New Treatment Developments For Interstitial Cystitis


The future is looking bright for Interstitial Cystitis patients as new treatment developments are in the works. Thanks to the RAND Interstitial Cystitis Epidemiology (RICE) study, urologists and researchers have discovered that Interstitial Cystitis is more prevalent than once thought and doctors will have better methods to diagnose and treat IC with. Philip M. Hanno, MD, MPH, professor of urology at the University of Pennsylvania in Philadelphia says that the higher rate of prevalence should “stimulate the drug development, since the market may now be large enough for new products to be profitable. It should also spur academic and government-sponsored research to serve this significant population.”

One of the treatment approaches to be further studied is the use of Elavil, or amitriptyline, for the early stages of IC, which is a medication already used to treat the illness. The study is being conducted to help evaluate whether the use of amitriptyline can make a difference in the overall course of the illness if it has been diagnosed and treated in the early stages.

New treatment approaches to be studied include the use of Botox (botulinum toxin A) injections, a Chinese herbal therapy that contains a nerve-targeting plant alkaloid and acupuncture. According to Dr. Hanno:

“These are both very small studies, but they are interesting and may get more researchers interested in doing bigger, placebo-controlled trials or even looking at potential new medications based on Chinese medicine. That session will also include a report from a group of researchers working on phenotyping IC or characterizing different patient groups. It may help us with selecting proper treatments and also learning about what the cause of the disease is.”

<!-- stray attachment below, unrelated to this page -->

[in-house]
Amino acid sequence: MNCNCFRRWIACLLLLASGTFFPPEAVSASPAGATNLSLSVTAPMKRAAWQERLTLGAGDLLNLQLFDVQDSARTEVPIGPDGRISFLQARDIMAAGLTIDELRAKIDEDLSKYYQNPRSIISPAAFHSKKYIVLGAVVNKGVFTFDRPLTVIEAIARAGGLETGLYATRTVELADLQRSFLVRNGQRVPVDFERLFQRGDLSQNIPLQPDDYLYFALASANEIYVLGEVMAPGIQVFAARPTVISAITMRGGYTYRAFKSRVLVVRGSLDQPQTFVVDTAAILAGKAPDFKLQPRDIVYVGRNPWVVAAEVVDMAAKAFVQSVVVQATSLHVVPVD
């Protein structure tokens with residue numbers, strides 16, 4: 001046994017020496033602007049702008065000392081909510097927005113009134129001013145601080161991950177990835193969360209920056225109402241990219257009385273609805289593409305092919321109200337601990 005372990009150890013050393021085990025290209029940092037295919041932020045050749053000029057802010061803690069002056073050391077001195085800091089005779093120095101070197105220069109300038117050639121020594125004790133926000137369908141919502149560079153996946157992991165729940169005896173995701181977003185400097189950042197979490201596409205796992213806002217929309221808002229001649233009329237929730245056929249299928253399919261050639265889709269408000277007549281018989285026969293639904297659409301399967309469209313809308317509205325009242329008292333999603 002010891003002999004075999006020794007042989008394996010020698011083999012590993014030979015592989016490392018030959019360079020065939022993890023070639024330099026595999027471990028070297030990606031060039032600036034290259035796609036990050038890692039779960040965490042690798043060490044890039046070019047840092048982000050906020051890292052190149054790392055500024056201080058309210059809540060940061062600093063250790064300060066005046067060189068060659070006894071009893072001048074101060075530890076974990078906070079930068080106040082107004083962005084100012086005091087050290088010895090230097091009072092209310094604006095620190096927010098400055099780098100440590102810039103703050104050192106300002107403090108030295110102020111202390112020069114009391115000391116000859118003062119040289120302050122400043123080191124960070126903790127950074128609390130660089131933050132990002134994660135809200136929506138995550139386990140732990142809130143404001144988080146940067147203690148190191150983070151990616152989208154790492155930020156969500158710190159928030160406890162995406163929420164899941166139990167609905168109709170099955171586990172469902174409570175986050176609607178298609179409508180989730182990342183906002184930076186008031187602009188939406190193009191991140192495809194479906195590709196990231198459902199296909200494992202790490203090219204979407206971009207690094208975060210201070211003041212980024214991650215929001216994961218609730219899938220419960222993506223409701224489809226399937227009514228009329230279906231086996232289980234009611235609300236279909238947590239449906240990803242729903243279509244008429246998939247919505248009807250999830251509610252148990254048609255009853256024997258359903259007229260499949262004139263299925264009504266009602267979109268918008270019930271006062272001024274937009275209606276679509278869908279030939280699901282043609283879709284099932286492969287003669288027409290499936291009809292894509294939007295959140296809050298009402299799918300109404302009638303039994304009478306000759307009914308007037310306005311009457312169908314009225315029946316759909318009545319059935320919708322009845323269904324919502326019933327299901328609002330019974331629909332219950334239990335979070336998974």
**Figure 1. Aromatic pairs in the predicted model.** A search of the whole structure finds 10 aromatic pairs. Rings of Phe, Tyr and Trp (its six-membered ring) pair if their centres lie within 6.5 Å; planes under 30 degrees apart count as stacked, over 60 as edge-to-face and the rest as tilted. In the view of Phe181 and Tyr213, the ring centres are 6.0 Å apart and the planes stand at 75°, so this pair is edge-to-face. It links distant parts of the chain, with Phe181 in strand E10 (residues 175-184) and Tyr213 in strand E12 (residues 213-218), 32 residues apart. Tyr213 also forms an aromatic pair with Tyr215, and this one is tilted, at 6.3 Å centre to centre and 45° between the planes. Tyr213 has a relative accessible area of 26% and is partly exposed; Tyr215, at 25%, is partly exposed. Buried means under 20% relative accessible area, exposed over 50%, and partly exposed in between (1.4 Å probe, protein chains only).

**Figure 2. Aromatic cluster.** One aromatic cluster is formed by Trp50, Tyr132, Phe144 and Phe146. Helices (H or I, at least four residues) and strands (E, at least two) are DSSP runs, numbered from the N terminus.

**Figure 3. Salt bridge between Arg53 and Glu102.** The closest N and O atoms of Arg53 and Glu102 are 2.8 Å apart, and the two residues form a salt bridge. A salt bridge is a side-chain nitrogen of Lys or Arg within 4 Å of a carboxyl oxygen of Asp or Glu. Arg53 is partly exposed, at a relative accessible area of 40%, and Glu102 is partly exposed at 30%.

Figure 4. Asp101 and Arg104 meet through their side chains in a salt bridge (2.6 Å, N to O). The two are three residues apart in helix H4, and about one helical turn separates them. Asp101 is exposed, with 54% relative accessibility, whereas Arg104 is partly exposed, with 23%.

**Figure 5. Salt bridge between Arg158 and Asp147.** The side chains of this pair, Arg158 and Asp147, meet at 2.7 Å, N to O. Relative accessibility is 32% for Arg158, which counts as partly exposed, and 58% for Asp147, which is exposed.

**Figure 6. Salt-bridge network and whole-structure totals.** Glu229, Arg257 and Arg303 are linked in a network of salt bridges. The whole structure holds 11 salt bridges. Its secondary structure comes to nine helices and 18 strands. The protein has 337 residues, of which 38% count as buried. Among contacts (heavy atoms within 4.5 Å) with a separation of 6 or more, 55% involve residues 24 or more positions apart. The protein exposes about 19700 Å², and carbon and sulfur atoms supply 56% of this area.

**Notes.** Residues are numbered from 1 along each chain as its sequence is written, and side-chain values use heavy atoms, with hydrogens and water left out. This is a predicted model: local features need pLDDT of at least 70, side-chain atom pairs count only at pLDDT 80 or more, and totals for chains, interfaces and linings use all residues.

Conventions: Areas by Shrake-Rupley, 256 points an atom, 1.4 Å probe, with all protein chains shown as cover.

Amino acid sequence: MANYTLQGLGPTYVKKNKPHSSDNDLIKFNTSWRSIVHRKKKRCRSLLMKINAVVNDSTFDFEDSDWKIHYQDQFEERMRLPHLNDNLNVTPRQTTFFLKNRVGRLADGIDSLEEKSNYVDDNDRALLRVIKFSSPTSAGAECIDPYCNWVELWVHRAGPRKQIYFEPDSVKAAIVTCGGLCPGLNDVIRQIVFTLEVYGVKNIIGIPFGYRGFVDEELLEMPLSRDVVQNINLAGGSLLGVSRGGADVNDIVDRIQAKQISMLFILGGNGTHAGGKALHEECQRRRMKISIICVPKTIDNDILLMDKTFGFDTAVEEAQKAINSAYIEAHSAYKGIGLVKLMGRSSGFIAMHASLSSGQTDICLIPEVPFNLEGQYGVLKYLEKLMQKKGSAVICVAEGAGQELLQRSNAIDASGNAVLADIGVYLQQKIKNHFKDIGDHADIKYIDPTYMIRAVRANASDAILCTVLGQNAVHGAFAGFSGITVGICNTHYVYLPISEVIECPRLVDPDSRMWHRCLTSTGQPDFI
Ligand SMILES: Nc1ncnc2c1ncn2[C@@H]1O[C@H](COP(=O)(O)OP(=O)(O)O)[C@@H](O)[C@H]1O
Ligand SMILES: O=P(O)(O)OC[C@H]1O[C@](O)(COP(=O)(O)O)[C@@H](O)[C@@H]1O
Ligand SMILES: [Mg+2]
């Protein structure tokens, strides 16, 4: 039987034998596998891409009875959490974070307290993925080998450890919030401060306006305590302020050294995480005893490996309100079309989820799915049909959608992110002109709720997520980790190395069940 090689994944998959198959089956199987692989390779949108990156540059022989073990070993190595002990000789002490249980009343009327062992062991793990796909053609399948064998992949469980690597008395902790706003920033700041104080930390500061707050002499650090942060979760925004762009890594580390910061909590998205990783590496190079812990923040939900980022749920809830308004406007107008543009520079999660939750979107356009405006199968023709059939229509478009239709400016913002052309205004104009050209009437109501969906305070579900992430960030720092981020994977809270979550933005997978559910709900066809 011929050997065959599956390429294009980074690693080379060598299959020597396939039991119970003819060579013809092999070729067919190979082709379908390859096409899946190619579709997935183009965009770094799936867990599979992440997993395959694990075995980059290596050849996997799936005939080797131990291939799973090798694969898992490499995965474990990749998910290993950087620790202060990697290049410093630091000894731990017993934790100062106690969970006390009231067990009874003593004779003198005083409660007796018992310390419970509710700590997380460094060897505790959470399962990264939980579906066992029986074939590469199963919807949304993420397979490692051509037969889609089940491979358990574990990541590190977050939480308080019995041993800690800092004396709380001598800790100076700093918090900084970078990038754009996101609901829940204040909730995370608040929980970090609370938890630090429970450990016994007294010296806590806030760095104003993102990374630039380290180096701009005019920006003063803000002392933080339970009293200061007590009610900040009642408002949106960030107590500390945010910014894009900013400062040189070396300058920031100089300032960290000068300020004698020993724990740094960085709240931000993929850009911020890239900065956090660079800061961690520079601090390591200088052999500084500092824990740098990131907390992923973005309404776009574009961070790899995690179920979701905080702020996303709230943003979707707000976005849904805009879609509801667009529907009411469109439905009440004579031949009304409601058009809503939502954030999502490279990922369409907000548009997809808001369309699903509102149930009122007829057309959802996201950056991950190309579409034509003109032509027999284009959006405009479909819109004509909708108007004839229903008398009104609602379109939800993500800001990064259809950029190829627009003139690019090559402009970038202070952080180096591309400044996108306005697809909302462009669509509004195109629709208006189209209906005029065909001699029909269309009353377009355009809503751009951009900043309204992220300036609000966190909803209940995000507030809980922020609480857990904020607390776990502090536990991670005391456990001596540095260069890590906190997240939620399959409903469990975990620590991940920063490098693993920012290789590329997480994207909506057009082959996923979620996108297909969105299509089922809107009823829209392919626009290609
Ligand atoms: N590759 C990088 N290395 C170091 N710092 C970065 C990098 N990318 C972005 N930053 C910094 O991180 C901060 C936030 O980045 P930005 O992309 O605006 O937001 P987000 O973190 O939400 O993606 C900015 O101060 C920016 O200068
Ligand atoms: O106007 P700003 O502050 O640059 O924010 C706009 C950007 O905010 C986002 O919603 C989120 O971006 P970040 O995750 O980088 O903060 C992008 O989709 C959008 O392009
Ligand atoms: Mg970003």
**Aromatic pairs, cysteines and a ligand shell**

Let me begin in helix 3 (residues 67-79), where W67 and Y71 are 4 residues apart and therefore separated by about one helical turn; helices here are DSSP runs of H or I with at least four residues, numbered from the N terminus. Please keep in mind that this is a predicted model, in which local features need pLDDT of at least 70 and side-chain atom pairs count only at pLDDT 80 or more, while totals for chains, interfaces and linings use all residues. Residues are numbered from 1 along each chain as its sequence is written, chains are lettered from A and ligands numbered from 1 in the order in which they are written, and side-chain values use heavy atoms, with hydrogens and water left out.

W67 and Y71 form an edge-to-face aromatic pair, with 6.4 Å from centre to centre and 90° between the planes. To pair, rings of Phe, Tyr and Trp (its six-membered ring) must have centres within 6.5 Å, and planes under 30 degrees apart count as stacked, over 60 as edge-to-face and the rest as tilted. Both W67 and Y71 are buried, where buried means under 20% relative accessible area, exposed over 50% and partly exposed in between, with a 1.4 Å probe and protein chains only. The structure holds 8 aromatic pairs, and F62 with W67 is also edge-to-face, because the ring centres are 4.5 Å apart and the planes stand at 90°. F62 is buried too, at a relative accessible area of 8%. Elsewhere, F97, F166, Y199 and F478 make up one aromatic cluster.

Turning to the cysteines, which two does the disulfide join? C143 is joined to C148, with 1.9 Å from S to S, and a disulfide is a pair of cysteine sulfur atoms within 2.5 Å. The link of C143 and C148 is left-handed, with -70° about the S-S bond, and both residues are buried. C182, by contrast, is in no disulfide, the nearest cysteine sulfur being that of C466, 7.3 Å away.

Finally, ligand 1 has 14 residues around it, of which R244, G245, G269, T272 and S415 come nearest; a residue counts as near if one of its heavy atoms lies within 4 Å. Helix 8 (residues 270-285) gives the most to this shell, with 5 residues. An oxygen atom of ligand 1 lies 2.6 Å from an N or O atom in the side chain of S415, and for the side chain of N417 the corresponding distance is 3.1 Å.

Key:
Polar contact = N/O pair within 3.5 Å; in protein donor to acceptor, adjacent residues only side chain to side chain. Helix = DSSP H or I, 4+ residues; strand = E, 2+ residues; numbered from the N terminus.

Unfortunately, the process of getting new treatments approved is a long and expensive task with several studies, trials, and everything else that’s involved. Interstitial Cystitis patients currently only have one FDA-approved treatment method to rely on for their IC symptoms and that is Elmiron, which was approved back in 1996. It’s time we have more options available to us.


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  1. Carin E. Willis says:

    I was diagnosed with IC at the beginning of 2005 after numerous tests and visits to two urologists. The second urologist wanted to definitively diagnose me as having IC by conducting a bladder installation within his office, although I presented most of the classic signs of IC such as painful sex, overactive bladder, food sensitivities, IBS, and vaginal and bladder pain and discomfort. I spent over three years researching both Western and holistic treatments, using my own body as the proverbial guinea pig in the hope of one day helping other women with IC. The main factors in getting my IC to a manageable level include: acupuncture, a strict zero yeast elimination diet, and natural antibiotics. I found that the combination of care from Western and TCM doctors to also play a vital role in my change from a nearly suicidal woman with severe vaginal and bladder pain to someone that barely notices any of the IC-related pain and symptoms mentioned above. I believe that the latest advancements in helping IC patients is both timely and exciting given that there are a least a million women in the U.S. alone who suffer from IC.